• Re: (Score:3, Informative)

              by CAIMLAS (41445)

              You must know nothing about India if you think a place with pipes (never mind running water, we're just talking drainage), four solid walls, a roof and a floor is anything short of "middle class".

              Maybe in 40, 50 years the places would be considered slums/projects, if India continues to improve at the rate it has been. But from the looks of things, they should serve as suitable housing until they're ready for replacement. And if they leave room between the buildings/complexes, and don't make the complexes to

          • by mikael (484)

            Very much like the Victorian factories during the Industrial Revolution in the UK. The factory owners built terraced housing, schools, churches and parks to make the locations attractive to their staff. It worked perfectly until the factories closed down and their wasn't anything to replace them.

    • by jadavis (473492) on Saturday May 09, 2009 @02:35PM (#27890111)

      unsafe

      As safe or safer than a motorcycle or bicycle. The word "unsafe" is thrown around all the time without regard for alternatives and real-life trade-offs.

    • by slashkitty (21637) on Saturday May 09, 2009 @02:36PM (#27890115) Homepage
      You mean unsafe for crashing. Just like every motorbike out there.
      • by MouseR (3264) on Saturday May 09, 2009 @02:43PM (#27890175) Homepage

        Actually you have more chance to survice a motorcycle crash than being rolled up in a tin can.

        That aside, security standards aren't the same around the world and there are far less chance fo these tin cars to smash against a big SUV in india.

        As for the apartments, they beat the slums by a long shot.

        • Actually you have more chance to survice a motorcycle crash than being rolled up in a tin can.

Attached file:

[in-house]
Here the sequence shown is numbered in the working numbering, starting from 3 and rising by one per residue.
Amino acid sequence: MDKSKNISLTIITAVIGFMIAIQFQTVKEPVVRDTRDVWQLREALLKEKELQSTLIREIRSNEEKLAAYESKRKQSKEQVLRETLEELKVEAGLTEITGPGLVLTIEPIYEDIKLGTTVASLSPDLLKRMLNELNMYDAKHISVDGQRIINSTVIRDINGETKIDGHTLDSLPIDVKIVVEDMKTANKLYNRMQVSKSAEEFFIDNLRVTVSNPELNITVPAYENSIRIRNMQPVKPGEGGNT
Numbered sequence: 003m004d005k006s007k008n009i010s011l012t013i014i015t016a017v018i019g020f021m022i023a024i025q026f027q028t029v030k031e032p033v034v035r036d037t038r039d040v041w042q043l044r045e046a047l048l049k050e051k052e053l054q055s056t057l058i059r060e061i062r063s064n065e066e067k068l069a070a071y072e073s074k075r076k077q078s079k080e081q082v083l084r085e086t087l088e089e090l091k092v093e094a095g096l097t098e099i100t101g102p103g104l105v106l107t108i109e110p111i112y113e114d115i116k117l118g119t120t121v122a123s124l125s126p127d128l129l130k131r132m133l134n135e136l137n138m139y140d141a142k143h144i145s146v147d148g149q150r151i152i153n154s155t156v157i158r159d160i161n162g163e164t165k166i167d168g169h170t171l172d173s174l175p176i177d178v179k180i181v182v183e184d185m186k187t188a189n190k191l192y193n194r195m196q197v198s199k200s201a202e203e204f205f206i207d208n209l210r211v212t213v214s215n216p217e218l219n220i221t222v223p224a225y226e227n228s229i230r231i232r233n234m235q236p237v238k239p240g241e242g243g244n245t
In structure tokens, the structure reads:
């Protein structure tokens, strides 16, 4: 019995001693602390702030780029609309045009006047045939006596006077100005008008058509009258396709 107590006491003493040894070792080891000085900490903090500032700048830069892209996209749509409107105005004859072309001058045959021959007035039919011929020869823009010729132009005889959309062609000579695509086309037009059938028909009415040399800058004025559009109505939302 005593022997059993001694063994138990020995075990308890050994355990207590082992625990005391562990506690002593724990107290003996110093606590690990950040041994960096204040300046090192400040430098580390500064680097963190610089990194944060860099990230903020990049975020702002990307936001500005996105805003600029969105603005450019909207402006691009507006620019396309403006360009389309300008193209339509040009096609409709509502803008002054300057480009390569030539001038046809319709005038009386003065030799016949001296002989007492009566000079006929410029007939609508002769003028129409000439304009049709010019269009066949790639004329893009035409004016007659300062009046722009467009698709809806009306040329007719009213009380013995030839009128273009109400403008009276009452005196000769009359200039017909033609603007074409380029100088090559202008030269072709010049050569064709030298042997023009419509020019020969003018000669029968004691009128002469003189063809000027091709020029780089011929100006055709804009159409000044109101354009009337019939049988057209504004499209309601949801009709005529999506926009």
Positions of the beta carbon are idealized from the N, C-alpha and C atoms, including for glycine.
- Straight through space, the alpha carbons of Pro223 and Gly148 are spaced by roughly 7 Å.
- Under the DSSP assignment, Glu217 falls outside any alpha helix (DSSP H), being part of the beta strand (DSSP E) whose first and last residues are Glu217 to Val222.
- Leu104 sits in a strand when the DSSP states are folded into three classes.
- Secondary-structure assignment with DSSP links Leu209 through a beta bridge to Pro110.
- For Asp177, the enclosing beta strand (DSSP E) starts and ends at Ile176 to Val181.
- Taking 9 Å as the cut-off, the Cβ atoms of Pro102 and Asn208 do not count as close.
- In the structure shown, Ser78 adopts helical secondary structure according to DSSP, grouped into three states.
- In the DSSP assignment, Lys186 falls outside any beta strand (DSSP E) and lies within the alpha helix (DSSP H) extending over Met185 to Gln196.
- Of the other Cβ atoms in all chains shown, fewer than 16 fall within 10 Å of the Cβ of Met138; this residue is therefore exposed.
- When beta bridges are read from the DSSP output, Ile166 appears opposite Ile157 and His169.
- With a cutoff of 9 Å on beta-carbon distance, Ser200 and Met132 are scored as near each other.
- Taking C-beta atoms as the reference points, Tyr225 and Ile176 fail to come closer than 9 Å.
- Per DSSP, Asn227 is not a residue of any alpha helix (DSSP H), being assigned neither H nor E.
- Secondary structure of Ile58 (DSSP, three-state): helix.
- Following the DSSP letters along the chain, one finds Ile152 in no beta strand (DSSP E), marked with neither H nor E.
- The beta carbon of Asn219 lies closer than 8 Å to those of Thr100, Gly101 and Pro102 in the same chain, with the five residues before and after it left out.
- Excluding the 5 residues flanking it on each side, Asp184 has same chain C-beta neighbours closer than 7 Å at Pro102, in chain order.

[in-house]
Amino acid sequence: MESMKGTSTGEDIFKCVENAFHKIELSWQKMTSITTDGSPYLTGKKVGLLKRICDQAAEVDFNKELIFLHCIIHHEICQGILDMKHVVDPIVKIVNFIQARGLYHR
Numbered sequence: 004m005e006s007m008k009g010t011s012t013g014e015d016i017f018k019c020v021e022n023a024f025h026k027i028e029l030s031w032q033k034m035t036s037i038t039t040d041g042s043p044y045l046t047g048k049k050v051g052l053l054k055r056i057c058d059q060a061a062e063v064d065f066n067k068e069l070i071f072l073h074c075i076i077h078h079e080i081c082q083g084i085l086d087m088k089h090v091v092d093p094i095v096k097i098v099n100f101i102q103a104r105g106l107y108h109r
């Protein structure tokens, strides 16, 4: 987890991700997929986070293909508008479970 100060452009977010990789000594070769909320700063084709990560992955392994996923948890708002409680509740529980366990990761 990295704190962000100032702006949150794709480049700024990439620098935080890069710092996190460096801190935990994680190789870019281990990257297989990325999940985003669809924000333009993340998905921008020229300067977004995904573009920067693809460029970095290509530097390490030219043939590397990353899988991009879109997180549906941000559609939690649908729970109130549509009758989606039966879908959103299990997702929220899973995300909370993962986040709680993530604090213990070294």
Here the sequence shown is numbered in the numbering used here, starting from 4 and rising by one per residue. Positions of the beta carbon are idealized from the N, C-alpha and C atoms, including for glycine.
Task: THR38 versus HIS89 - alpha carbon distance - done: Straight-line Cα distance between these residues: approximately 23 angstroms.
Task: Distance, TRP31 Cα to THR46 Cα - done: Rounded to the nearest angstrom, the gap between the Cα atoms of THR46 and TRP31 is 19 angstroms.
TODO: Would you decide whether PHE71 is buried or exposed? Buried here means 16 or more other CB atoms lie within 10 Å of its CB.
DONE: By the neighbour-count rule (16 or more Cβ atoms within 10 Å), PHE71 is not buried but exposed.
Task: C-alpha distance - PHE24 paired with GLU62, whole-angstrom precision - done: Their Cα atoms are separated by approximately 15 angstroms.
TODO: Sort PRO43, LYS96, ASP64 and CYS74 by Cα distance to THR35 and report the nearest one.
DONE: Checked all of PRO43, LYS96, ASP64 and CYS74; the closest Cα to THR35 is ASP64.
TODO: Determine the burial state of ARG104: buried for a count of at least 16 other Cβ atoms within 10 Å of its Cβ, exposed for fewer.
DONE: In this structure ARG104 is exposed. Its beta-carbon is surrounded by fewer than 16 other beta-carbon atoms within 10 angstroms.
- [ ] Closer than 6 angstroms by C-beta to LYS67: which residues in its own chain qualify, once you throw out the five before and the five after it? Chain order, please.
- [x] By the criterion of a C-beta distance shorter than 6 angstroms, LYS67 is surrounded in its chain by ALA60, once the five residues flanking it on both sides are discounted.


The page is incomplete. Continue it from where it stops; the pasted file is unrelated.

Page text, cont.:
That aside, security standards aren't the same around the world and there are far less chance fo these tin cars to smash against a big SUV in india.

          As for the apartments, they beat the slums by a long shot.

          Eh? Have you driven in India? Forget the SUVs, its the trucks and buses you need to worry about...
          I'd stick with the car any day.

          You're right about the appartments, tho.

        • I have never read such nonsense. Sure if you're wearing racing leathers and you don't hit anything when you slide you'll be "better off", but the chances of this are 0 in India. Hell, people don't even wear helmets, let alone leathers.

          I can't believe someone would post such a stupid strawman. Let me guess, you ride a bike, so you like to talk bullshit about how they are "safe"? I ride a bike, I don't bullshit about how "safe" they are.

          There's a reason doctors at hospitals call bike riders either "temporary

        • by timeOday (582209)

          Actually you have more chance to survice a motorcycle crash than being rolled up in a tin can.

          The word "actually" just screams for a cite. Good luck!

    • by sethstorm (512897) *

      Tata cars have proven themselves to be unsafe for driving (no protection, and the car frame is too thin)

      i wouldn't be surprised if these buildings couldn't survive 45 mph winds

      Never mind the call center workers who also provide the same abysmally low service.

    • by Anonymous Coward on Saturday May 09, 2009 @03:40PM (#27890583)

      safe is the biggest marketing scam in western society. SUVs were born to market safe vehicles for hockey moms, desire for safety got Bush re-elected.

    • by omeomi (675045)
      And Mumbai just proved itself a less desirable place to live than the East Village. No big surprise there...